Subject: Corporate While Black: Things to Keep in Mind
I’ve worked in Corporate America for the past four plus years, and let me tell ya, it ain’t for the faint at heart, for ANYONE. For me as a black woman, I have had my fair share of not so pleasurable experiences in comparison to that of my black male counterparts. How can I be confident in saying this? Because I ask them. If there is a black person in sight from the parking lot to my desk, the minimum is a hell. I’m exceptionally happy to see other black faces joining me in elevators, at work socials and in passing with the signature “another one of us….we made it” head nod.
So what’s the issue?
Staying true to myself while ensuring that I don’t get fired. Following chains of command. Not replying to emails in all caps saying how I really feel. You know. Stuff like that.
And on to
Point Number 1: It’s going to hurt for certain people to talk to you *cough cough (the blatant and closet racists)
Working in an industry dominated by middle and upper aged white men, who the hell do I think I am correcting them? A woman? A black woman at that? I mean it’s still the 1950’s right? Listen, people die. Their ideas don’t. Racism continues to thrive in corporate spaces. It’s passed down and continued through generations of leadership. Don’t believe me? If your company has a website or announcement board highlighting organizational changes, look to see how many people look like you in comparison to those that don’t. See anything strange? Oh yeah, and let’s not forget about the diversity initiatives that have magically started springing up all over the place. Are they truly diverse or does it simply sound appeasing?
Point Number 2: When you’re right, it’s a big deal
All those “I’s” better be dotted along with all of those “t’s” being crossed baby. The “I’ve been with this company for 300 years” retorts are coming fully loaded. Carefully reminding your counterparts of policies and procedures has and always will be a sore spot for them.
Point Number 3: When you’re wrong, it’s a big deal
So you forgot to dot those “I’s” and cross those “t’s” didn’t you?
Dammit Gina! I told you to make sure that you were one point! I TOLD YOU!!!
Point Number 3: There is plenty of power but apparently not enough to go around
Yep. You heard it right. There is a (not so secret) rival for dominance that “we” aren’t apart of. Once again, it’s the “I’ve been with the company for 300 years” folks versus the “my daddy runs xyz departments.” It’s quite the spectator sport. It can get ugly, so steer clear.
If you get the privilege of (or by accident) getting cc’d on the email exchanges, grab a cup of tea and/or popcorn. Below is a minor breakdown of what a few phrases really mean.
To Whom it May Concern = First of all
Per attached emails/see string of emails below = I got proof
Any additional questions or concerns, feel free to contact me = DON’T. I said what I said and that’s the end of the discussion
Best regards = fuck you very much
These emails are better than paternity episodes on Maury!
Point Number 4: You will intimidate some folks just based on the color of your skin. Everything is magnetized. Abuse of power is likely.
Tone. Somehow, some way your tone can be taken out of context 80% of the time. Apparently black women are naturally angry and aggressive? Whisper. You sound like you have upset. Blink. You have an attitude. Need I say more? Heaven forbid you breathe out loud during a meeting!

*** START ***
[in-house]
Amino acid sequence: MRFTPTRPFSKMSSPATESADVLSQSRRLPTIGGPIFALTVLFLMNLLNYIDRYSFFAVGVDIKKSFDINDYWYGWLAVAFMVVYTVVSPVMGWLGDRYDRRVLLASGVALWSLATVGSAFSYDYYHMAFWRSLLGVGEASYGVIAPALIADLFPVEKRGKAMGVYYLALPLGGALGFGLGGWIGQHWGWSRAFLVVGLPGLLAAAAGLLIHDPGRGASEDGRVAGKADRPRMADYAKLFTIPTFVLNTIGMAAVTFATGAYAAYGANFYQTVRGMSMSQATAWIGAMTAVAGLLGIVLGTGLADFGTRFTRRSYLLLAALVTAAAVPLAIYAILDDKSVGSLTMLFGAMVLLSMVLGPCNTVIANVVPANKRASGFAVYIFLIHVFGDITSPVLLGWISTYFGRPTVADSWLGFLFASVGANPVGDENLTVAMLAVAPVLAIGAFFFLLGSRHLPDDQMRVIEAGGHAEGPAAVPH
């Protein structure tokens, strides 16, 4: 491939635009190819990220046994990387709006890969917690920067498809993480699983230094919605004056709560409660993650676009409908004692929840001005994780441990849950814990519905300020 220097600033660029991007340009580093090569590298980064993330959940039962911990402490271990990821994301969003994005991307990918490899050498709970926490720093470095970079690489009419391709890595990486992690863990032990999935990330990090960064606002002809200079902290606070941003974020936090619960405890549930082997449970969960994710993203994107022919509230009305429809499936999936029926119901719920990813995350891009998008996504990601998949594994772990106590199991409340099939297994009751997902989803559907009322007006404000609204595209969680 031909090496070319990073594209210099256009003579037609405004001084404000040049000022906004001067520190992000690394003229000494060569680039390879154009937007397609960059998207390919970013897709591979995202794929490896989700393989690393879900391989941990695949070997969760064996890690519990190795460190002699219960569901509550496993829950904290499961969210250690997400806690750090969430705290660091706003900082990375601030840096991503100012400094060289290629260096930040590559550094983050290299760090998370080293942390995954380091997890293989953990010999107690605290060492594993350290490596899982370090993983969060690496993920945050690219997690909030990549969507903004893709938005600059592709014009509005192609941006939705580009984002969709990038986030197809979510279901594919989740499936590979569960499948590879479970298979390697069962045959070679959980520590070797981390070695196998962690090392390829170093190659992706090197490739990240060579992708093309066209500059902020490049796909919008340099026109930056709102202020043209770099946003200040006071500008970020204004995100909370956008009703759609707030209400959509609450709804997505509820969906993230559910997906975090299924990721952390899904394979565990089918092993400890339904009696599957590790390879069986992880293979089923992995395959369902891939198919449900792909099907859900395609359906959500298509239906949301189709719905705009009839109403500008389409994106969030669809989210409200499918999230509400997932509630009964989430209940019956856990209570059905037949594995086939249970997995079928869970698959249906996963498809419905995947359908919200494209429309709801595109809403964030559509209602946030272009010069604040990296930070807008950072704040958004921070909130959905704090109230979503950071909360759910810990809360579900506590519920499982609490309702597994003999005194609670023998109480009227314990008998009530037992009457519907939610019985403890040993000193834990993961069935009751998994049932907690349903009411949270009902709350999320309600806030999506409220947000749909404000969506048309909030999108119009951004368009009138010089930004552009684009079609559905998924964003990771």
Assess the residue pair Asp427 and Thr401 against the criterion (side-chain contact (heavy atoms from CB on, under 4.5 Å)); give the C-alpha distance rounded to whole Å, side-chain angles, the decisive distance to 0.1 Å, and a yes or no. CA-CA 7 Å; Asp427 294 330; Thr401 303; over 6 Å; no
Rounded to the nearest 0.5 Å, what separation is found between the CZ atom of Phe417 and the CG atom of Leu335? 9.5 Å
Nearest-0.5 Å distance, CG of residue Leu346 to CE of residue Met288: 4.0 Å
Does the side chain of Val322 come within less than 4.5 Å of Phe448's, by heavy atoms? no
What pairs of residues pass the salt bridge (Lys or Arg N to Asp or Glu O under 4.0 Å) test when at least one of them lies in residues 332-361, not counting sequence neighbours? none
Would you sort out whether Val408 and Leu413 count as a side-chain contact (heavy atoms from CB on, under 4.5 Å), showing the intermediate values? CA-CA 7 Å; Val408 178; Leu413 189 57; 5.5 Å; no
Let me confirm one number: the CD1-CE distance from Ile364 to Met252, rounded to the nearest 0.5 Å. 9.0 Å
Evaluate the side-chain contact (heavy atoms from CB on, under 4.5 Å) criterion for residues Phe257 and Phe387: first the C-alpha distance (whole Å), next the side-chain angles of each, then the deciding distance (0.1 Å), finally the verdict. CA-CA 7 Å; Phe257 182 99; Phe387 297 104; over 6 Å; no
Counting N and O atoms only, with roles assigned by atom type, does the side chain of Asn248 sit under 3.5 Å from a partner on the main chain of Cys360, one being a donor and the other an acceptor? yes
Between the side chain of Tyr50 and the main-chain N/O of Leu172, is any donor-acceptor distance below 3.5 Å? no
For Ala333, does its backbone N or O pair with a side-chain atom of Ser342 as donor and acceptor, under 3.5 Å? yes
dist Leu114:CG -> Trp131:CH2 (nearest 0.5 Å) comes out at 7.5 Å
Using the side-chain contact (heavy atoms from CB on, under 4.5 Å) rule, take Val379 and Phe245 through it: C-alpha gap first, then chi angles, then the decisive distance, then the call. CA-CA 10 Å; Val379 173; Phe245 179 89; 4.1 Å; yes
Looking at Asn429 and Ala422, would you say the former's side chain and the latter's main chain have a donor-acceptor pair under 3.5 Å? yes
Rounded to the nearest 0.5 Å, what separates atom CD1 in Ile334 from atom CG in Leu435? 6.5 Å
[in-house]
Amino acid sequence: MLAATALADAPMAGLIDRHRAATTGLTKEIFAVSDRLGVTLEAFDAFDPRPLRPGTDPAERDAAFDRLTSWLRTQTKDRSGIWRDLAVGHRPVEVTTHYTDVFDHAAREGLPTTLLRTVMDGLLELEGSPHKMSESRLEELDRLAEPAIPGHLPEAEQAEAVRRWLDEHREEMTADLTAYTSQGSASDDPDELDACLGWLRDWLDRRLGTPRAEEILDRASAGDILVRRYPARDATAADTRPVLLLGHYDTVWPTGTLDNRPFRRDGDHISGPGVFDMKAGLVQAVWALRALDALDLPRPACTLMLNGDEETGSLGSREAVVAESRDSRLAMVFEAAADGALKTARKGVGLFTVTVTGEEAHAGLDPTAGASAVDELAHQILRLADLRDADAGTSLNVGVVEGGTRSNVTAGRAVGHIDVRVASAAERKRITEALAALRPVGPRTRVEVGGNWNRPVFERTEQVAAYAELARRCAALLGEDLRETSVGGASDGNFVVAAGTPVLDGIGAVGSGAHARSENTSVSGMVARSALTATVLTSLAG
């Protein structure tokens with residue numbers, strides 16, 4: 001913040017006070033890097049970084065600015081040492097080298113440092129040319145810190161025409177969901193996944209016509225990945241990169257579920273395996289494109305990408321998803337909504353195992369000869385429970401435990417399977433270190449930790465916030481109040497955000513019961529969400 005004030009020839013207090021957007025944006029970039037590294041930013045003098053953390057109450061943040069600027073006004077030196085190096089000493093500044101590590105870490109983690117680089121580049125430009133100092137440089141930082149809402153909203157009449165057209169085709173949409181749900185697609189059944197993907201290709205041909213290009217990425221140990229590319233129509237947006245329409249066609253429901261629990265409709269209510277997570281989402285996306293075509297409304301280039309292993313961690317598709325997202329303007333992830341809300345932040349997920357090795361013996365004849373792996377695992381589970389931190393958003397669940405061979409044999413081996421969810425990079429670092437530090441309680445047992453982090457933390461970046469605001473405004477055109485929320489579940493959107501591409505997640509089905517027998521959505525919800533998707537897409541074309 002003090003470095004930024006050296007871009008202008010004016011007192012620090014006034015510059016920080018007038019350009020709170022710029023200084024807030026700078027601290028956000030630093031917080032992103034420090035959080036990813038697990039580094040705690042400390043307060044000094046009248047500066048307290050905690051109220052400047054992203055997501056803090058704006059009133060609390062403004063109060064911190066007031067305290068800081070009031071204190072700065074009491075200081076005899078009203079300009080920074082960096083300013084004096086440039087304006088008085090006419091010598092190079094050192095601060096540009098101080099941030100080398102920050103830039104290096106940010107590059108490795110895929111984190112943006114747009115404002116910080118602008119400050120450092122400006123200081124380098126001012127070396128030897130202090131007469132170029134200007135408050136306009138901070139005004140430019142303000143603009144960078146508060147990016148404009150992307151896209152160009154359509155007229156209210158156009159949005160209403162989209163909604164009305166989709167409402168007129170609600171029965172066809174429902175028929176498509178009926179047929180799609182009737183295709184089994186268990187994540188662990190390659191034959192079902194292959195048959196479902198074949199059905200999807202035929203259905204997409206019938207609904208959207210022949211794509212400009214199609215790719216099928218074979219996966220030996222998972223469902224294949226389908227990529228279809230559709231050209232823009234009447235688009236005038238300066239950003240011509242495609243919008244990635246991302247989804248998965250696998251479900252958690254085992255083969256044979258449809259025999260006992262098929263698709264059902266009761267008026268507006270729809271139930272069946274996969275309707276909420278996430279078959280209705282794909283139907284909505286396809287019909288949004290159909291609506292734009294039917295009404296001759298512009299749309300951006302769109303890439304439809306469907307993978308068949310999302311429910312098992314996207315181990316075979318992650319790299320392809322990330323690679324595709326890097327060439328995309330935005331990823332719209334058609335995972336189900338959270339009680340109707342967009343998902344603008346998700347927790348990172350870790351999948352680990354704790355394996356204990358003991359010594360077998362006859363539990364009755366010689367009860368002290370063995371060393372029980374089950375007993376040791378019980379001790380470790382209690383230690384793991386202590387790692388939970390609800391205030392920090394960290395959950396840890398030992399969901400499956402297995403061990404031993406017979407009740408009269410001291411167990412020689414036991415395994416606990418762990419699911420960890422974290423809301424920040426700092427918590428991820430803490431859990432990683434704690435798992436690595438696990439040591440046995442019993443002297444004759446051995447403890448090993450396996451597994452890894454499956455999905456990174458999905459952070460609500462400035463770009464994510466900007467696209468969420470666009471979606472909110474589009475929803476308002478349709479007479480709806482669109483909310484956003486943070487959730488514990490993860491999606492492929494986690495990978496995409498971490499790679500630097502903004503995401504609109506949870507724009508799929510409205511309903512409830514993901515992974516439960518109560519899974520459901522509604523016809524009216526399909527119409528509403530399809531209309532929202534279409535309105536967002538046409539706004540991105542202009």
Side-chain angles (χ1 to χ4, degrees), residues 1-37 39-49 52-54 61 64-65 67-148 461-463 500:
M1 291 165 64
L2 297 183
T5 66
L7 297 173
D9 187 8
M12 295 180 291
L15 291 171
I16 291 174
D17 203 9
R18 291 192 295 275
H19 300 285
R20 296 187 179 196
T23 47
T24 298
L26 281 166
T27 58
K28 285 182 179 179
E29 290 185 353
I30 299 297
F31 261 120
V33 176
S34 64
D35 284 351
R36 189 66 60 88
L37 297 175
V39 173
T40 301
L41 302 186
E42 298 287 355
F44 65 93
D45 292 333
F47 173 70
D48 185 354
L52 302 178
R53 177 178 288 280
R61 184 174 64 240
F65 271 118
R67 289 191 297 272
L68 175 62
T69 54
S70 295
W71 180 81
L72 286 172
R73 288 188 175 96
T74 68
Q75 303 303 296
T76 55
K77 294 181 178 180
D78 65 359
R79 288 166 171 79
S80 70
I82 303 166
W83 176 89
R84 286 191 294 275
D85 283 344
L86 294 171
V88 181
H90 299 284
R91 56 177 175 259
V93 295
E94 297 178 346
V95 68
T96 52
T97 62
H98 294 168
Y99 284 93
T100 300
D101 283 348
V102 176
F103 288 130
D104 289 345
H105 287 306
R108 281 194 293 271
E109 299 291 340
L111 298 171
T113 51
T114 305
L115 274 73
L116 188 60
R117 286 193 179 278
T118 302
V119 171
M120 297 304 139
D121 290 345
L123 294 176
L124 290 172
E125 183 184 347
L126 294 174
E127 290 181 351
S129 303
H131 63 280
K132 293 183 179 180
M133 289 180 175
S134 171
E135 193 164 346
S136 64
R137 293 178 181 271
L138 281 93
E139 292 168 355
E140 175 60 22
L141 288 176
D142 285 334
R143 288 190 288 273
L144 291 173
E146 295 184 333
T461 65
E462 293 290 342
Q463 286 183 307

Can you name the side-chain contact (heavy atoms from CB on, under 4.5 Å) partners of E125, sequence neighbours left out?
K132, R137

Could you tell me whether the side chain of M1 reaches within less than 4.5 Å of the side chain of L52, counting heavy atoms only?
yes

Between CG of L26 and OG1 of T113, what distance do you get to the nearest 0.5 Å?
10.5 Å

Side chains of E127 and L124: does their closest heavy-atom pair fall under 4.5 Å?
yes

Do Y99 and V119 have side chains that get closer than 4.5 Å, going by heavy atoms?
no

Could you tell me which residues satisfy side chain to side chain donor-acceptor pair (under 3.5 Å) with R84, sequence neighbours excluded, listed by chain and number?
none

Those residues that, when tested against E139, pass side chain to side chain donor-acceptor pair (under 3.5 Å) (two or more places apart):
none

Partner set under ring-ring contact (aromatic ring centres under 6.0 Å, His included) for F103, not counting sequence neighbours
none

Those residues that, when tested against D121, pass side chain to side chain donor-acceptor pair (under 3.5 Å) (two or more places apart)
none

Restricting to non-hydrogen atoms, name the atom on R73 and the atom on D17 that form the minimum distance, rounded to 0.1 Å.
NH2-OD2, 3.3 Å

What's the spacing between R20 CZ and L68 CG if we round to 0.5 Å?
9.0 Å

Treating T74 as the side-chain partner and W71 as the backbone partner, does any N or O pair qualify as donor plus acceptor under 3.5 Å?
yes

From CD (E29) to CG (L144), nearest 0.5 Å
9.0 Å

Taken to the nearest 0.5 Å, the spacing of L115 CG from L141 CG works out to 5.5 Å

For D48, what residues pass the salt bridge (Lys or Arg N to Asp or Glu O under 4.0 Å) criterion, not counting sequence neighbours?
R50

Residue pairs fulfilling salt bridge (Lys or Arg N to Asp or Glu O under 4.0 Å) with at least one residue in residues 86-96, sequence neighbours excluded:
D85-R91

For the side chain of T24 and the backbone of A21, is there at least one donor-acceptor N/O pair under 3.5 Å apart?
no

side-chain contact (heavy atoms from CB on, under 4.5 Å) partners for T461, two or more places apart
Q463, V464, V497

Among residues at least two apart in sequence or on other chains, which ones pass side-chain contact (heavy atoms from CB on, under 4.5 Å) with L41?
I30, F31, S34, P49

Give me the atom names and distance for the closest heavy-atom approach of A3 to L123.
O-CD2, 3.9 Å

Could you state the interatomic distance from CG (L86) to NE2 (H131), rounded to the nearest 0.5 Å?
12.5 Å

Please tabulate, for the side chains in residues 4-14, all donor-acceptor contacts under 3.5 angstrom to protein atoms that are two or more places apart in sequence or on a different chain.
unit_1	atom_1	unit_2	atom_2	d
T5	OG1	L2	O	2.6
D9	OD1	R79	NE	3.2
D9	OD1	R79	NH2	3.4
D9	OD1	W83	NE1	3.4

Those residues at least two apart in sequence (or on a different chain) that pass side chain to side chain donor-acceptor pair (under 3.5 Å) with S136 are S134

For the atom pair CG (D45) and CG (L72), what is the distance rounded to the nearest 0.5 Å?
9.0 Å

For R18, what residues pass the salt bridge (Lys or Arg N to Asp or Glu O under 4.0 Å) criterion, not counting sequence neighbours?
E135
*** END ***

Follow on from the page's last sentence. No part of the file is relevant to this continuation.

The same applies to body language.
And speaking of bodies……….what you wear MATTERS.
Always has. Always will. Black women come in all beautiful shapes, curves and sizes with all kinds of hips and dips. I’m super mindful about what I wear into the office because of this. I’m teetering on being shaped like Megan Good. Professional body con dresses are always problematic. Along with pencil skirts. High waisted slacks. Burlap sacks. Y’all get my point. Play it safe by being familiar with and always following the employee handbook guidelines as best as possible. That way, when you’re “reprimanded” you can just refer them to Section 10 paragraph 5.
See a real live example of how what we wear matters.
Despite the negatives, there are some positives in this conversation.
It’s possible to make good connections
I’ve met and had conversations with some pretty dope people from the top down. Despite being a cutthroat environment, there are folks that want you (us millennials) to excel, bring change and challenge the status quo. These folks are on a case by case basis. Nobody’s titles matter in elevators, at coffee pots, in the work gym or cafeteria lines. I’ve been presented a multitude of opportunities just from being myself and having casual conversations. To help you even further weed out the good apples from the bad ones, if you really want to know how people are, have conversations with the receptionists, janitorial staff and IT personnel. They know.
Figure out your “why” and don’t let it die
Unless your goal is to own the company you work for someday, you must keep your “why” in mind. Let’s take mine for example. I work in Corporate America because the things that I want to do with my life requires a salary that (so far) Corporate America can provide. There are huge things that I have in store for Pretty Dope Right and they ain’t cheap!
I grind because I’m the only person fully supporting my platform. My goal is to cut out the middle man whenever possible. I taught myself how to create and maintain this website but moving forward, I’ll be converting it from a blog to a business site. I’ll have startup costs for the business aspect. I can hear the dollar signs in my head. My why is what drives me to get up every day and work 40 hours on someone else’s dream.
I seriously hope you can’t relate.